Building a Better Mousetrap: Healthcare Reform and the Arizona Program
Arizona State University College of Law
Bruce E. Babbitt
affiliation not provided to SSRN
Yale Journal on Regulation, Vol. 3, p. 243, 1986
Considerable literature has suggested that the public would benefit by increased competition and decreased regulation in the provision of health care services. This call for reform of the health care delivery system is not surprising, given the impact of inflation in medical costs on all segments of society. The fundamental issue in health care today is whether government programs, such as Medicare and Medicaid, serve society better than a delivery system that mixes greater private involvement with a diminished governmental role and relies more on competition to produce efficient health care.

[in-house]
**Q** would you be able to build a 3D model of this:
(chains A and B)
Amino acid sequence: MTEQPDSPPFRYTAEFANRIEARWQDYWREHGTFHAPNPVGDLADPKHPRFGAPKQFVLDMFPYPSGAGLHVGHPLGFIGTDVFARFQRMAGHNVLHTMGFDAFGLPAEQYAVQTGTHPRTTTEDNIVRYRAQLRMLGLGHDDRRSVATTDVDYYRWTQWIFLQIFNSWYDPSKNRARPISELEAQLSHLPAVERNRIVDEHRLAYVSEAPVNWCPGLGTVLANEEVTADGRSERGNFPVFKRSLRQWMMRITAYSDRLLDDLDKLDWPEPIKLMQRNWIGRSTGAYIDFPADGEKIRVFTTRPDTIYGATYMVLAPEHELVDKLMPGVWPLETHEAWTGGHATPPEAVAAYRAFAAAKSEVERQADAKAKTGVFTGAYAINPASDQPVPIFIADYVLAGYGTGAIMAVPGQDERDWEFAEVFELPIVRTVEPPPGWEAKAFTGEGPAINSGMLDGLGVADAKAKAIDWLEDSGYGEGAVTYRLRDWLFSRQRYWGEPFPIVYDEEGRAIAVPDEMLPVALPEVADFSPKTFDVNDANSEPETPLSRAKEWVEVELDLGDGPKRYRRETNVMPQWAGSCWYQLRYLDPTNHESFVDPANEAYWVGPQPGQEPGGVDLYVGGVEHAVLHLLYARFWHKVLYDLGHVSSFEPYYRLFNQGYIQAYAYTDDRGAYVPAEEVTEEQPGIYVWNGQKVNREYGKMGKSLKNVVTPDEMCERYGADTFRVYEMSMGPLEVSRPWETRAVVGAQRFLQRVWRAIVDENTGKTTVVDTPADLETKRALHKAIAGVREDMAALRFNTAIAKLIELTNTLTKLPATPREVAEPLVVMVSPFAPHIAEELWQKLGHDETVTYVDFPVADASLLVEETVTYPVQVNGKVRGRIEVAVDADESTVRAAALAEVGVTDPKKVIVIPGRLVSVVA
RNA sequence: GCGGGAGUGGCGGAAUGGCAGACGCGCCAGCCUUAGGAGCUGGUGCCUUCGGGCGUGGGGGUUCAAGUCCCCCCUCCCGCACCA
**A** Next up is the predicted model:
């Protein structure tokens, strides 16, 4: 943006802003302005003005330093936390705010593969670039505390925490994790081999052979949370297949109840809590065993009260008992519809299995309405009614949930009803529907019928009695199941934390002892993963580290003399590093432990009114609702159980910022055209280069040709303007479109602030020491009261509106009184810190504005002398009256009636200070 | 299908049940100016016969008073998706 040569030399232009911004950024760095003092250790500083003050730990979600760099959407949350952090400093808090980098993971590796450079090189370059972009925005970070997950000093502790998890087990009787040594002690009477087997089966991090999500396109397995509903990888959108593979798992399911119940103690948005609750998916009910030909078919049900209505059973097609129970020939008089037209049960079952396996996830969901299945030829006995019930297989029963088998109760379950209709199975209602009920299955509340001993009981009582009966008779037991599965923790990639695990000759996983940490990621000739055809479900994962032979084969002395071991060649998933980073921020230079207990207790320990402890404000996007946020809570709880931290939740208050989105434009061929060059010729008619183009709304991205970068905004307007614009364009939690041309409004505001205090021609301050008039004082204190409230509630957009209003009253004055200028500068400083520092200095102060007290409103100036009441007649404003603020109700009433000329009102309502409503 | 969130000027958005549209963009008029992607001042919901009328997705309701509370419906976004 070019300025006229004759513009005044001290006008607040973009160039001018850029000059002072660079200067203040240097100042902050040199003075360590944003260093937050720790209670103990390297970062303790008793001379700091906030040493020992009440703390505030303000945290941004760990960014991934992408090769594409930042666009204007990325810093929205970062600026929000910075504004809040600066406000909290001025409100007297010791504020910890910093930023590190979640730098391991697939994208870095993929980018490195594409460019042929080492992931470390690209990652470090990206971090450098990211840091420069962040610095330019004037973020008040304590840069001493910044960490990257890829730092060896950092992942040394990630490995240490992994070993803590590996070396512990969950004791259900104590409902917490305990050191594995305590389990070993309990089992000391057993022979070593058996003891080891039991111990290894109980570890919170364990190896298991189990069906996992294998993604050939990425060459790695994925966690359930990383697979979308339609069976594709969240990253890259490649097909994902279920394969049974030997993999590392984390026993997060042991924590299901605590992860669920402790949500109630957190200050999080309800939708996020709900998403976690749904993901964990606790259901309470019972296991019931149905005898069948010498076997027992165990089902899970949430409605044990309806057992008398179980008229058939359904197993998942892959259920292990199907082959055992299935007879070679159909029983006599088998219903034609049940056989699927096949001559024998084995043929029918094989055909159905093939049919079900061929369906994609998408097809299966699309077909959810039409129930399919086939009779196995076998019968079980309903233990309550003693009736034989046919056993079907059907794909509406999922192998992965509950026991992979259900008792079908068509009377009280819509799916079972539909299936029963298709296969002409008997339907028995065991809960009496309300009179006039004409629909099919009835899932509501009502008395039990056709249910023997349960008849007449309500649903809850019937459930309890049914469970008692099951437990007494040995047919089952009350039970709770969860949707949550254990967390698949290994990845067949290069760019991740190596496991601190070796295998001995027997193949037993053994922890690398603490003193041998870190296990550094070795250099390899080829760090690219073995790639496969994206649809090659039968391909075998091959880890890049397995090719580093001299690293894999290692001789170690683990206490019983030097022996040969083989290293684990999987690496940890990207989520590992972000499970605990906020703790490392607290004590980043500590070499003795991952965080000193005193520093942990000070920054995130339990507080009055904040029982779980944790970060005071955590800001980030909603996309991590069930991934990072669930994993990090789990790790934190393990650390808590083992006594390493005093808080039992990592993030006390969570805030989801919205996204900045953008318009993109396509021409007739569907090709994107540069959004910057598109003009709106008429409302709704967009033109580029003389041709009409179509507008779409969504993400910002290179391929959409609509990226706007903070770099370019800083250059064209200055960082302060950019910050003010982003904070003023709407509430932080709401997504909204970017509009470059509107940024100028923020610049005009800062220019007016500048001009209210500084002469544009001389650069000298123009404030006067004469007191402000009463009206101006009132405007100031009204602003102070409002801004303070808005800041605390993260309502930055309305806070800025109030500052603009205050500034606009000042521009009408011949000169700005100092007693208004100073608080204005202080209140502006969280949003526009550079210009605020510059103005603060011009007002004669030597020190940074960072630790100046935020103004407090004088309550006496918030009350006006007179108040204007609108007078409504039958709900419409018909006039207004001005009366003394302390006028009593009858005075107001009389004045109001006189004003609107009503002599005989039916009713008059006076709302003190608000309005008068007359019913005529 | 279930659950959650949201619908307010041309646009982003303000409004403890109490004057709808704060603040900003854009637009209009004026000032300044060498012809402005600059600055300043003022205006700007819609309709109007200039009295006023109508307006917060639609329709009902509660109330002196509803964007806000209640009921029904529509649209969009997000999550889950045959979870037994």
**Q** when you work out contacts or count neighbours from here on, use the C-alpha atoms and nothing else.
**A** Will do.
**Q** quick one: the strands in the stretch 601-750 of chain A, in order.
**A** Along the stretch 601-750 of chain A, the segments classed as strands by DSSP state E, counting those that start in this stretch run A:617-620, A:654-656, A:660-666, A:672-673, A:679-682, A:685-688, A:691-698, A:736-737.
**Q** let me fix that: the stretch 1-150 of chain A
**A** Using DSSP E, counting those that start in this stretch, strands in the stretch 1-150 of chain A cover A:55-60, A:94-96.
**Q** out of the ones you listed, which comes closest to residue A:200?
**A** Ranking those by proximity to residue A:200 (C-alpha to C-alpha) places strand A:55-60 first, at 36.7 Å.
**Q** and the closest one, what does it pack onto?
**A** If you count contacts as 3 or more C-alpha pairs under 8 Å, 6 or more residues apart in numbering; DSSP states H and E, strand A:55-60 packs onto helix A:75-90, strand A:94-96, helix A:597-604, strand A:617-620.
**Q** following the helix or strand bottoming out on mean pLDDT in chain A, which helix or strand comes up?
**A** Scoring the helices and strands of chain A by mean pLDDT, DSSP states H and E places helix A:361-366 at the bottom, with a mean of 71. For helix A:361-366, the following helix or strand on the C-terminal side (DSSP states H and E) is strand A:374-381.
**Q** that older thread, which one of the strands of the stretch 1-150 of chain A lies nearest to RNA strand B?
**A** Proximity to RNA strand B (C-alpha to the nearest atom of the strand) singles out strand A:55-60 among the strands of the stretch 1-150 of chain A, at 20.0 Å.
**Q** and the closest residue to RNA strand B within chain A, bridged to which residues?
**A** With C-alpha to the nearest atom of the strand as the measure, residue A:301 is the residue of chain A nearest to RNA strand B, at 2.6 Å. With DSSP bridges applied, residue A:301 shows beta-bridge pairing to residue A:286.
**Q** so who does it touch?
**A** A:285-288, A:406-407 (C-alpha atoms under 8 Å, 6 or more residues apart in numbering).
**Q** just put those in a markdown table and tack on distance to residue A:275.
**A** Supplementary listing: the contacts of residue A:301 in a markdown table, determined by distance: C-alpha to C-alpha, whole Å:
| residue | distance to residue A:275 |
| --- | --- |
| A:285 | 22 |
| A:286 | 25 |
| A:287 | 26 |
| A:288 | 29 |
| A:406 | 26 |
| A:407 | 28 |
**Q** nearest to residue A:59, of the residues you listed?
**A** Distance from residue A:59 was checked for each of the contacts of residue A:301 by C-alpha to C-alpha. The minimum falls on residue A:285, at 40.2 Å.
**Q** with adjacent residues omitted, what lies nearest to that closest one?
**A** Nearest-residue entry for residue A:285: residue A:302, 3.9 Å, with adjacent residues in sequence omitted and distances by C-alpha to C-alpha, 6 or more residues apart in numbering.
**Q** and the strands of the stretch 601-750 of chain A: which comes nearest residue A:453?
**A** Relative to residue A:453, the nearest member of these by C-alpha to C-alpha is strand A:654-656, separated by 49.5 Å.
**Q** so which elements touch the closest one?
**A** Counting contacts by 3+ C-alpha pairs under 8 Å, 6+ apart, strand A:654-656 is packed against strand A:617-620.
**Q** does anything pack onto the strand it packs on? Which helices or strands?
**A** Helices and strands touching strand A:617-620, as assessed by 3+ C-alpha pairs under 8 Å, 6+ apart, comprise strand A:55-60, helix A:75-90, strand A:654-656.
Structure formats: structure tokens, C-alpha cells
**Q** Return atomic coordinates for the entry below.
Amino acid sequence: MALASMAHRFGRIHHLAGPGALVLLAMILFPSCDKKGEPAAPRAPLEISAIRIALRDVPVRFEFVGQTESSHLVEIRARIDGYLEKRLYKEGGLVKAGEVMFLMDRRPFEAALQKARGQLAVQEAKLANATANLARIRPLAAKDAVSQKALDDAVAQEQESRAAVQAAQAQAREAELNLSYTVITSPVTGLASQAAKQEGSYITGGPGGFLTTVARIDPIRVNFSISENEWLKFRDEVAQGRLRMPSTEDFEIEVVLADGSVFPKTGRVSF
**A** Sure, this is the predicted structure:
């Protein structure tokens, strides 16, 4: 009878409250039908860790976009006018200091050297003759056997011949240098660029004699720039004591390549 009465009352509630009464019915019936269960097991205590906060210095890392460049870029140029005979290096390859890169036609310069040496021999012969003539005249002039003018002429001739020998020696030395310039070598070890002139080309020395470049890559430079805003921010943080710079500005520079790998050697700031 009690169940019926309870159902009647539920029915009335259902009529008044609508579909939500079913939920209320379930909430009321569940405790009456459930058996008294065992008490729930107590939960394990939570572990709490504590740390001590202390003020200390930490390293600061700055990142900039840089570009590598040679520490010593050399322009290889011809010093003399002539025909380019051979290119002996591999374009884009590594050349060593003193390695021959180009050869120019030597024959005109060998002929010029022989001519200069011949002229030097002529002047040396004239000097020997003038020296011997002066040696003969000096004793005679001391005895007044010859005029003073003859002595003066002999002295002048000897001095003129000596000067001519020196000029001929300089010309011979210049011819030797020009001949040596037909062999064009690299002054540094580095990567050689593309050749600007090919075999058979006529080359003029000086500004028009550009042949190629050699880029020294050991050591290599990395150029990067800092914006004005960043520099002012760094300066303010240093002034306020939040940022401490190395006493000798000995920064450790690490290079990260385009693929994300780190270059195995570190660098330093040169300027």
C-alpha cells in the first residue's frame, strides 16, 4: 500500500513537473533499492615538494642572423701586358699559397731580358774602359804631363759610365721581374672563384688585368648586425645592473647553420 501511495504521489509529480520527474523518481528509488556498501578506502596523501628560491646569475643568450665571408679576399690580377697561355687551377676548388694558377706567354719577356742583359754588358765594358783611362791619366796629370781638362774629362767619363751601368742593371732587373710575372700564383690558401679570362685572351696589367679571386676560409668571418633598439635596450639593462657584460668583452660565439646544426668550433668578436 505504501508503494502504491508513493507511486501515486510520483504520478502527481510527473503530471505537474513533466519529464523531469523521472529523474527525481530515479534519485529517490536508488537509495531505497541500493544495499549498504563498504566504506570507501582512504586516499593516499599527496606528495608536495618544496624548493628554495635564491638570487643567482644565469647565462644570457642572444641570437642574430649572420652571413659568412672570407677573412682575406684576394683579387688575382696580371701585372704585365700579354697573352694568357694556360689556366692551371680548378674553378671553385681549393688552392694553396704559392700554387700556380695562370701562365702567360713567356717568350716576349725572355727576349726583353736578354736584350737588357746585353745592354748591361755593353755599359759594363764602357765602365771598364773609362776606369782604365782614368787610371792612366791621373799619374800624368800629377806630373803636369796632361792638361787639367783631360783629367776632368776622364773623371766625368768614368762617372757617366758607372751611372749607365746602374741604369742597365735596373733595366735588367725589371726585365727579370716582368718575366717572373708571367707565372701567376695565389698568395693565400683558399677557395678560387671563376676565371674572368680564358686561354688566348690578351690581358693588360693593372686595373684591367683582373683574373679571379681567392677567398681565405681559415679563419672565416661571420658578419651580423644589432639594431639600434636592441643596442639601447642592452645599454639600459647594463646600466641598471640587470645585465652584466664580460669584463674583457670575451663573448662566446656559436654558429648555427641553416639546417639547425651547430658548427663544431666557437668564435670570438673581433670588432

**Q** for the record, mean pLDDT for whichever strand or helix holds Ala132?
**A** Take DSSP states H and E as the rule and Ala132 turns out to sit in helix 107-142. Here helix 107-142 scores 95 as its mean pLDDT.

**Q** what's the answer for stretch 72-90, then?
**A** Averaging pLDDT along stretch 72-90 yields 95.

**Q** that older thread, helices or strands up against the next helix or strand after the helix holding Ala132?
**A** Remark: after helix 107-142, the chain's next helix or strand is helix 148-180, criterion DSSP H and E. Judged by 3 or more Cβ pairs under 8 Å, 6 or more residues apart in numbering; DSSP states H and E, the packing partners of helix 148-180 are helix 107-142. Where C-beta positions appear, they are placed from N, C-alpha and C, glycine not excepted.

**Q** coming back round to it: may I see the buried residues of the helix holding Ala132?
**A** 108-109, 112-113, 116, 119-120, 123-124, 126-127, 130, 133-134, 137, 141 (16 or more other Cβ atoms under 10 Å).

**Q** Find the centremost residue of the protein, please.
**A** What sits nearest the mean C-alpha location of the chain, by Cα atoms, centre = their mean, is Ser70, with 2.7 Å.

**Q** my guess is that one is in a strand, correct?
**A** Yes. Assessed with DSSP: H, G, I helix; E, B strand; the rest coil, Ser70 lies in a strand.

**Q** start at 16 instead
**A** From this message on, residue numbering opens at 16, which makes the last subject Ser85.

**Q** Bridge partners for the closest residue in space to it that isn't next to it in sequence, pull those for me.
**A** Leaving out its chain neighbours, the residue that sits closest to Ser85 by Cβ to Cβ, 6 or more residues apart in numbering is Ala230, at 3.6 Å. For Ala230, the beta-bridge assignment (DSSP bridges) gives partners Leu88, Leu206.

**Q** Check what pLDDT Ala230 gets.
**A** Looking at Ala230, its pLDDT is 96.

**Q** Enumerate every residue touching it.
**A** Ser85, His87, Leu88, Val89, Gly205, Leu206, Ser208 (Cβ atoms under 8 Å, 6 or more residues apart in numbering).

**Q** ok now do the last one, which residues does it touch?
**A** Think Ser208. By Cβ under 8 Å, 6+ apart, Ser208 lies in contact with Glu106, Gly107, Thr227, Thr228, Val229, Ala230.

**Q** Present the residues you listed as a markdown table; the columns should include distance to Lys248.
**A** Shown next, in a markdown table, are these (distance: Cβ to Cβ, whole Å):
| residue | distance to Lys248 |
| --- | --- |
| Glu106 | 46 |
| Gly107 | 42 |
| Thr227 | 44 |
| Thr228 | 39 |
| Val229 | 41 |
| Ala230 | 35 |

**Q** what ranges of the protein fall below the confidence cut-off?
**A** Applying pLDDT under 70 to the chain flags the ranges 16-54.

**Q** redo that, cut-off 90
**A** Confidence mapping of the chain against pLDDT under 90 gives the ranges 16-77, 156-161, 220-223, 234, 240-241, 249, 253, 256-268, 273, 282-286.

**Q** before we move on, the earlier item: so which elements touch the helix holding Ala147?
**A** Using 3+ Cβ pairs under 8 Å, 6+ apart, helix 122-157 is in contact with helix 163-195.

This article considers that issue. We begin with a discussion of the evolution of the present health care system, focusing on some problems affecting health care delivery and the unsuccessful regulatory responses designed to alleviate them. We then consider the movement for reform, both the economic arguments that support a competitive system and the specific policy changes that would be necessary to implement a workable market-based health care policy. Finally, we analyze Arizona's unique experiment with a mixed health care delivery system as an alternative to Medicaid. We conclude that the Arizona program provides a useful paradigm for reform of health care delivery systems by encouraging competition and incentive-based programs while diminishing the impact of inefficient government regulation.
Number of Pages in PDF File: 40
Keywords: health care reform, Medicaid, health lawAccepted Paper Series
Date posted: June 18, 2009 ; Last revised: July 14, 2009
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